Millennials are disrupting the traditional buck's party, with a new trend for teetotal stag parties with activities such as life drawing or clay pigeon shooting emerging in the UK.
Australia being Australia, entirely dry buck's parties haven't become a thing here. Yet. Nonetheless, the focus is shifting away from the old-school booze-and-boobs formula.
Learning the ropes
When Jed Knight arranged a buck's party prior to flying to Hawaii to marry his male partner earlier this year, he had little interest in an evening of debauchery and objectification, same-sex or otherwise.
"I've got lots of straight friends but even they don't seem to be interested in the traditional buck's party," observes the 32-year-old implementation project manager from rural Victoria.
"Most of the ones I've been invited to have involved visiting Crown Casino or seeing a stage show. I've done the drinking and strip club thing. I was happy to do that for my friend but it wasn't something I particularly enjoyed. You can get smashed any time. I wanted to be able to remember my party. So I organised for a group of my male and female friends to do a high-ropes course in the Dandenongs in Glen Harrow. Afterwards, we went to a restaurant. There was alcohol served but no one drank much."
Toby Giles, also 32, echoes Knight's remarks. "There are still men who have the mindset that a buck's party has to involve getting smashed and strippers," the business development manager says. "But I've never been much interested in that. So when it came to my buck's two years ago I structured the night around visiting a racing car simulator then going to play poker at Sydney's Star Casino. There was drinking involved but nothing excessive."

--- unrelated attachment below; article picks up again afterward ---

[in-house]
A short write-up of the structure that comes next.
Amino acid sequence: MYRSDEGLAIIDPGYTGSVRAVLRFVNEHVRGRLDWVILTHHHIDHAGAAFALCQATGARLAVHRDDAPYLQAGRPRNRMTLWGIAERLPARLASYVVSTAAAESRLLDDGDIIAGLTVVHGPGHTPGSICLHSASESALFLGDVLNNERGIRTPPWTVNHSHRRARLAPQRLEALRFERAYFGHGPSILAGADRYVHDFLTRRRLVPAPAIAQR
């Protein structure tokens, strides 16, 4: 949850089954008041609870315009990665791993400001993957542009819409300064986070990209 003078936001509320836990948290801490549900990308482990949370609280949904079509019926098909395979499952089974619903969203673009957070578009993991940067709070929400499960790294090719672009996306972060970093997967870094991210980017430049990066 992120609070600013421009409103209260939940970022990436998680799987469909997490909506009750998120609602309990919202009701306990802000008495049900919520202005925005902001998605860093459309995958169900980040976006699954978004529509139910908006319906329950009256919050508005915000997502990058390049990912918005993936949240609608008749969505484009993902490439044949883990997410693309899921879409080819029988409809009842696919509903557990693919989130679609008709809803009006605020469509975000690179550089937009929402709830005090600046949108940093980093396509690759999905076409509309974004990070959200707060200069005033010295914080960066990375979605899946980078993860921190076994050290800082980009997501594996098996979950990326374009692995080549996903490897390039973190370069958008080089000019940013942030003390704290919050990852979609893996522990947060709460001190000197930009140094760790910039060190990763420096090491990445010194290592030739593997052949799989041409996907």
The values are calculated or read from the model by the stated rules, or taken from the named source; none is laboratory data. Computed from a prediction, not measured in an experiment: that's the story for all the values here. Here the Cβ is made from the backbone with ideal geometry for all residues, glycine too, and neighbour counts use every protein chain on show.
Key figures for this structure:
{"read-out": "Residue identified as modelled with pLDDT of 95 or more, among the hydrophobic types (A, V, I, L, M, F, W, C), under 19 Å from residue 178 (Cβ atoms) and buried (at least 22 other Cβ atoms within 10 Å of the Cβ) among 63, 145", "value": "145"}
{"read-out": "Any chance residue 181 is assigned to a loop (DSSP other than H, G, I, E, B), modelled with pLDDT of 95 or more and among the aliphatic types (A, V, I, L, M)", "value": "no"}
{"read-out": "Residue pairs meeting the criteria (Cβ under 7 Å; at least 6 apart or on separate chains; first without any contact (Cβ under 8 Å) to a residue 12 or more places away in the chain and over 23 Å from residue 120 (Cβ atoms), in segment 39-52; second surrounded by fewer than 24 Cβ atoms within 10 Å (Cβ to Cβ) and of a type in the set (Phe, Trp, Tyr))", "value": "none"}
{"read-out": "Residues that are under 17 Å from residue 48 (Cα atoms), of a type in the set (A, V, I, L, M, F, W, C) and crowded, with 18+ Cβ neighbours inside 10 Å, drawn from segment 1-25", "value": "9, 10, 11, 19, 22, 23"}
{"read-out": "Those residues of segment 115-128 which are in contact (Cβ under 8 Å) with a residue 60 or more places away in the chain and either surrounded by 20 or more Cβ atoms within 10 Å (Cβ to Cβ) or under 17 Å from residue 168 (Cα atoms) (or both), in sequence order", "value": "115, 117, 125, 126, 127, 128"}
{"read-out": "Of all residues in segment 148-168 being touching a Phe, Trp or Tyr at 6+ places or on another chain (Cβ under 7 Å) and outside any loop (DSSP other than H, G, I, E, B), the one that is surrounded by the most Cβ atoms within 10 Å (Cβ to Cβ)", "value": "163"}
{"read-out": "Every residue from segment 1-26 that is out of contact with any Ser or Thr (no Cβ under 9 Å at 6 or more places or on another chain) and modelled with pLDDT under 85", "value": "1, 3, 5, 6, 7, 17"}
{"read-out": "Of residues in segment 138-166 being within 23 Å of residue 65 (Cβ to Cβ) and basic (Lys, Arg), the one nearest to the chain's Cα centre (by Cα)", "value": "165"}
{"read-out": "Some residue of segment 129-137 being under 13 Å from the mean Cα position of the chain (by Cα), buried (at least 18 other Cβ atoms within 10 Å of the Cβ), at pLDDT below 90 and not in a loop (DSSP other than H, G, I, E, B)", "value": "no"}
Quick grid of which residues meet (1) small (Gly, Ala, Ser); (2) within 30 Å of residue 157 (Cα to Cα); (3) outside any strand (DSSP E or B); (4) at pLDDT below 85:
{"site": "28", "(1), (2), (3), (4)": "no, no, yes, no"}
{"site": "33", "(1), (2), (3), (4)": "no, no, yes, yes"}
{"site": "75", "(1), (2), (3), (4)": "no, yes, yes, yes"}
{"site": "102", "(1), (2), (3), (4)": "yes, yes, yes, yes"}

Giles works at online experience retailer RedBalloon so had plenty of non-alcoholic activities at his fingertips. But he says his approach is now the norm. "My brother-in-law had a weekend-long buck's party," he says. "He booked a paintball session, arranged dinner at an upmarket steakhouse and chartered a boat. Eighty per cent of the buck's parties I've been too are more like that than hanging around red-light districts."
Giles' boss, RedBalloon CEO Nick Baker says: "Men and women are looking for something other than the standard booze-up. Blokes, in particular, want bragging rights. They want to show off to their mates that they've organised something cool.
"Facilitating those experiences, be they skydiving, rally car driving or beer tastings, is a growing commercial opportunity for companies such as ours; we saw 37 per cent growth in our 'Buck's Party Ideas' category over the last financial year."
Make a choice
Chris Raine is CEO of Hello Sunday Morning, an organisation devoted to encouraging Australians to be more mindful about their drinking. Unsurprisingly, he welcomes the rise of the new kinds of buck's parties.
"If the buck wants limited or no drinking at their event then their wishes should be respected," he says. "If the prospect of being invited to a buck's party that isn't all about drinking alarms you, which is a thought that certainly would have alarmed me in the past, letting go of those expectations of needing alcohol and embracing the unknown is a great way to learn a little more about yourself.
"Whatever the event, people should feel comfortable making a conscious choice to do what is right for them rather than just drinking because it is expected."
Click through the gallery at the top for 10 ideas for a dry buck's party that isn't, well, dry.
Have you held or attended a bucks party that dialled down the booze? Was it successful? Let us know in the Comments section.